Dry days put har­vest ahead of sched­ule, but farm­ers hop­ing for rain

Regina Leader-Post - - CITY+REGION - ASH­LEY ROBIN­SON arobin­son@post­media.com twit­ter.com/ash­leymr1993

Kurt Fiechter may be done this year’s har­vest but he’s still stuck wait­ing for rain, just as he has been do­ing all sum­mer.

“It’s good, al­ways feels good to be done. It’s kind of dis­ap­point­ing in the yields. But re­ally with the rain we had, it wasn’t un­ex­pected,” he said.

The grain farmer from the Cey­lon area re­ceived very lit­tle rain this year on his farm, which led to low yields and sparse crops. Some, like canola and du­rum, did bet­ter than ex­pected.

Fiechter started com­bin­ing a month ago, fin­ish­ing last Friday. In years past he wouldn’t usu­ally start har­vest­ing un­til the start of Septem­ber, and not fin­ish un­til the end of Septem­ber or start of Oc­to­ber.

Ac­cord­ing to the pro­vin­cial crop re­port re­leased Thurs­day, 65 per cent of the pro­vin­cial crop is har­vested, which is well ahead of the five-year av­er­age of 40 per cent.

“Things have been go­ing fairly well. Most of that, of course, is due to that very long stretch of warm and dry weather,” said Shan­non Friesen, act­ing crop man­age­ment spe­cial­ist with the Min­istry of Agri­cul­ture in Moose Jaw.

Har­vest is most ad­vanced in the south­west­ern re­gion, where 86 per cent of the crop is now com­bined. The south­east­ern re­gion has 76 per cent com­bined, the west cen­tral re­gion 66 per cent and the east cen­tral re­gion 57 per cent. The north­east­ern re­gion has 37 per cent com­bined, while the north­west­ern re­gion has 35 per cent com­bined.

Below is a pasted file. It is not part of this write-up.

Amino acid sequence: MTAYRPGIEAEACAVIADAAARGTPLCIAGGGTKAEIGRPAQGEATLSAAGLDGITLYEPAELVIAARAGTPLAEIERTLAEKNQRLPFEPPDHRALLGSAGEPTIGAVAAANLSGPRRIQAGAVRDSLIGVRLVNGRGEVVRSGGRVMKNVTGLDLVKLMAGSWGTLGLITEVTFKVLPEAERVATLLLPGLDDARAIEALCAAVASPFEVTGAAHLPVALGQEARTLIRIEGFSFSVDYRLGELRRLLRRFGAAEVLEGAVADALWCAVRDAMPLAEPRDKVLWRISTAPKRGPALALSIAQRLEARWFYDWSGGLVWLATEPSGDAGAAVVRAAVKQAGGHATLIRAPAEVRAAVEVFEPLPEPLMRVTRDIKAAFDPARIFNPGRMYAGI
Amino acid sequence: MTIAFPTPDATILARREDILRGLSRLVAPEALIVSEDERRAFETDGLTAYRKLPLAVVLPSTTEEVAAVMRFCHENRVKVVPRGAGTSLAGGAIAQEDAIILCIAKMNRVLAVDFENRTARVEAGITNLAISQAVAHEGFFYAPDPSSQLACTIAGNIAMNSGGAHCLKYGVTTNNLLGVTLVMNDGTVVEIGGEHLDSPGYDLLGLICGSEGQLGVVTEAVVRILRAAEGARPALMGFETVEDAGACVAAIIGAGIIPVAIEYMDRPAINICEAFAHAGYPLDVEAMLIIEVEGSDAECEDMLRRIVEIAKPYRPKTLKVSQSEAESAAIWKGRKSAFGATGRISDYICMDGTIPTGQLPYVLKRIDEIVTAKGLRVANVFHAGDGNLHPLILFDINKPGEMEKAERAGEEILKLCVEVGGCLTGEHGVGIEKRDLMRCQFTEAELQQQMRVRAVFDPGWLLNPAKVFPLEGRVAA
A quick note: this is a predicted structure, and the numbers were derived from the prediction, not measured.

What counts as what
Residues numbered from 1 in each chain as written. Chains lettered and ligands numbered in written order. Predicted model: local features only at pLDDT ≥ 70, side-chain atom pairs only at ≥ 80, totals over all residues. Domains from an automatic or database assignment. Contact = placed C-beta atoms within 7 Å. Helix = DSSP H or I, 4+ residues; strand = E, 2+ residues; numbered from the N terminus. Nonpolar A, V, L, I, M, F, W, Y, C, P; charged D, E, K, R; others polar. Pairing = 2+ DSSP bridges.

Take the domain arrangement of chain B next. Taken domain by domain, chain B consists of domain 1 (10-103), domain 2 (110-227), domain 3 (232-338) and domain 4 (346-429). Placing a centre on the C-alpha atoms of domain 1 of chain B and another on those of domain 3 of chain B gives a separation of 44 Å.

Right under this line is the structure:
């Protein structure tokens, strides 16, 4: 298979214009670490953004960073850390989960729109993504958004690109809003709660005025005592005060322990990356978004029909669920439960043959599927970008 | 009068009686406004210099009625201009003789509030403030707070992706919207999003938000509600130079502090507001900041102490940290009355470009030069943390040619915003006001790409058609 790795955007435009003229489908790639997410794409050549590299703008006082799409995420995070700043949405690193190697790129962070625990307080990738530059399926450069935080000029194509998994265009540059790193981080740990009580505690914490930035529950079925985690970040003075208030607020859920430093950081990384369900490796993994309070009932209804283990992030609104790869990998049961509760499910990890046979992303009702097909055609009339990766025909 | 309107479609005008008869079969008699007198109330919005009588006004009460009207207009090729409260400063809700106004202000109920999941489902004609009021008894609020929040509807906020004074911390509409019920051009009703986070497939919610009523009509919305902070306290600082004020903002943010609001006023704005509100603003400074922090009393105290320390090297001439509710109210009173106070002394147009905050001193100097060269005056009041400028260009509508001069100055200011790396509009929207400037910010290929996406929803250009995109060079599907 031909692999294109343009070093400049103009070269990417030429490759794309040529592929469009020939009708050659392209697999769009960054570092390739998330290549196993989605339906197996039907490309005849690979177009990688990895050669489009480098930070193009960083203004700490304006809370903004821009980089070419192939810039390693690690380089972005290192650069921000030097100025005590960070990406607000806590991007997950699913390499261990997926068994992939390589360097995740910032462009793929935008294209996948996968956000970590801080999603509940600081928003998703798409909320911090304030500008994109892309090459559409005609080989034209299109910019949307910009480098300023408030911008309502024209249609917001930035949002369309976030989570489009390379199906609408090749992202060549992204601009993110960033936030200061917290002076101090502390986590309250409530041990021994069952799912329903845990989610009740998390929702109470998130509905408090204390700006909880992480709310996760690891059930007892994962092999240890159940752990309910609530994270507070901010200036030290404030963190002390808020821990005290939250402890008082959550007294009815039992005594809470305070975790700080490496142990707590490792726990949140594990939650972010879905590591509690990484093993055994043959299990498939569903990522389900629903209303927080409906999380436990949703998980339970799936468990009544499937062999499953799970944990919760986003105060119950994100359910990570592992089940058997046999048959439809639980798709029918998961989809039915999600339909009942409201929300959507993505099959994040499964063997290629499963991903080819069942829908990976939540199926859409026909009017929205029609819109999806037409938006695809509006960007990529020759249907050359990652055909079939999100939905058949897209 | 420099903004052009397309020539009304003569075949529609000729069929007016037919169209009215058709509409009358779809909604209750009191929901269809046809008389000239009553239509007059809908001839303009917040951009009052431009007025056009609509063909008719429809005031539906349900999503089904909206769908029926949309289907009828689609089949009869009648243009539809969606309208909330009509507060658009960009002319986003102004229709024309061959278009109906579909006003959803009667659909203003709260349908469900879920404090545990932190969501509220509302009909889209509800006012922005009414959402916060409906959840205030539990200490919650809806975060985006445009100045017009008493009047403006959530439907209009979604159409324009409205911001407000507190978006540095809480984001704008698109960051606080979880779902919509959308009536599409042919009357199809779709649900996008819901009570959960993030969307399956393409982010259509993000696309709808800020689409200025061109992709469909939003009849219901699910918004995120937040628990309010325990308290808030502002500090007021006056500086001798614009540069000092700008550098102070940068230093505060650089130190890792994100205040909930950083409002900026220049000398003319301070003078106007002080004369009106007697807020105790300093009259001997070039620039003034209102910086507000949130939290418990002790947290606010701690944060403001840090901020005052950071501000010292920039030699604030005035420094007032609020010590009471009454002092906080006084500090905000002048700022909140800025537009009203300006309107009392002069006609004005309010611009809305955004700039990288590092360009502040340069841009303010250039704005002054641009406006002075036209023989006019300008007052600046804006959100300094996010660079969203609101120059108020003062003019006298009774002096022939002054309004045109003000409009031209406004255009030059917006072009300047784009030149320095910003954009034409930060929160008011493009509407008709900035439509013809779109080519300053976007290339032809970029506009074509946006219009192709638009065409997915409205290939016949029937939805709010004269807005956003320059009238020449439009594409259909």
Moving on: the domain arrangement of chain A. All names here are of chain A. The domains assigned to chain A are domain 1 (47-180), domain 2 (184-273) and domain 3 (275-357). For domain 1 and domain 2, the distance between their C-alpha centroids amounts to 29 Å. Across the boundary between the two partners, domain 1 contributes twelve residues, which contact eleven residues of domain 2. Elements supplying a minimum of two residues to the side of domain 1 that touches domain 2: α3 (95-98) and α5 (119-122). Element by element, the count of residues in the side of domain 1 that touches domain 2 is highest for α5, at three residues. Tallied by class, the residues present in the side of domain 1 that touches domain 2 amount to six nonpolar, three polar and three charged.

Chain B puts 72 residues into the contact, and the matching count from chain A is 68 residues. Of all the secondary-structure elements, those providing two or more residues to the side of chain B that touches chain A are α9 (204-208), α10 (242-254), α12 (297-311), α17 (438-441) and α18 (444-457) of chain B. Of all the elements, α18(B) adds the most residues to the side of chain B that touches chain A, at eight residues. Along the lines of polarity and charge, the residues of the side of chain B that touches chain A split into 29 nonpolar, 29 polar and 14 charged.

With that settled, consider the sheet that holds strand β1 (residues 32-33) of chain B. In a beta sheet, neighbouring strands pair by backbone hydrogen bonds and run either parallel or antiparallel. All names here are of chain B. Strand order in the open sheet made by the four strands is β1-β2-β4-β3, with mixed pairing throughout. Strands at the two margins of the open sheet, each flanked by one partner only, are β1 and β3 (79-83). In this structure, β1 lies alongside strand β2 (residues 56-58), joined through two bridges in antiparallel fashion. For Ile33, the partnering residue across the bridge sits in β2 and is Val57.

The south­ern por­tion of the prov­ince was hard­est-hit this sum­mer, re­ceiv­ing hardly any rain. Farther north there were re­ports of rain through­out the sum­mer and lo­cal­ized flood­ing, but the last month has been pretty dry through­out the whole prov­ince.

“Rain re­ally hasn’t hap­pened ... (farther north) ei­ther over the last month or two. So things are a bit bet­ter in terms of soil mois­ture, but cer­tainly they could also use a good rain head­ing into win­ter,” Friesen said.

Head­ing into the au­tumn, rain is needed to re­plen­ish the soil, both for seed­ing next spring and for fall seed­ing of win­ter crops.

Fiechter him­self doesn’t usu­ally seed win­ter crops, but the lack of rain is hold­ing him back from do­ing fall spray­ing.

“Rain would have been per­fect. Then a guy would have just went and sprayed, did some fall spray­ing with the weeds com­ing. And now there’s re­ally a lot of in­de­ci­sion be­cause there’s re­ally not much com­ing,” he said.

As well, Fiechter said if it doesn’t rain he may have to re­think his spring seed­ing plans.

“I guess time will tell if a guy is even able to seed. Be­cause we’re des­per­ately dry; it’s just bone-dry here,” he said.

Ac­cord­ing to the crop re­port, lack of mois­ture con­tin­ued to cause crop dam­age this week, while strong winds blew swaths around and shelled-out stand­ing crops. There have been many re­ports of com­bine and grass fires due to the dry con­di­tions.

I guess time will tell if a guy is even able to seed. Be­cause we’re des­per­ately dry; it’s just bone-dry here.

KURT FIECHTER

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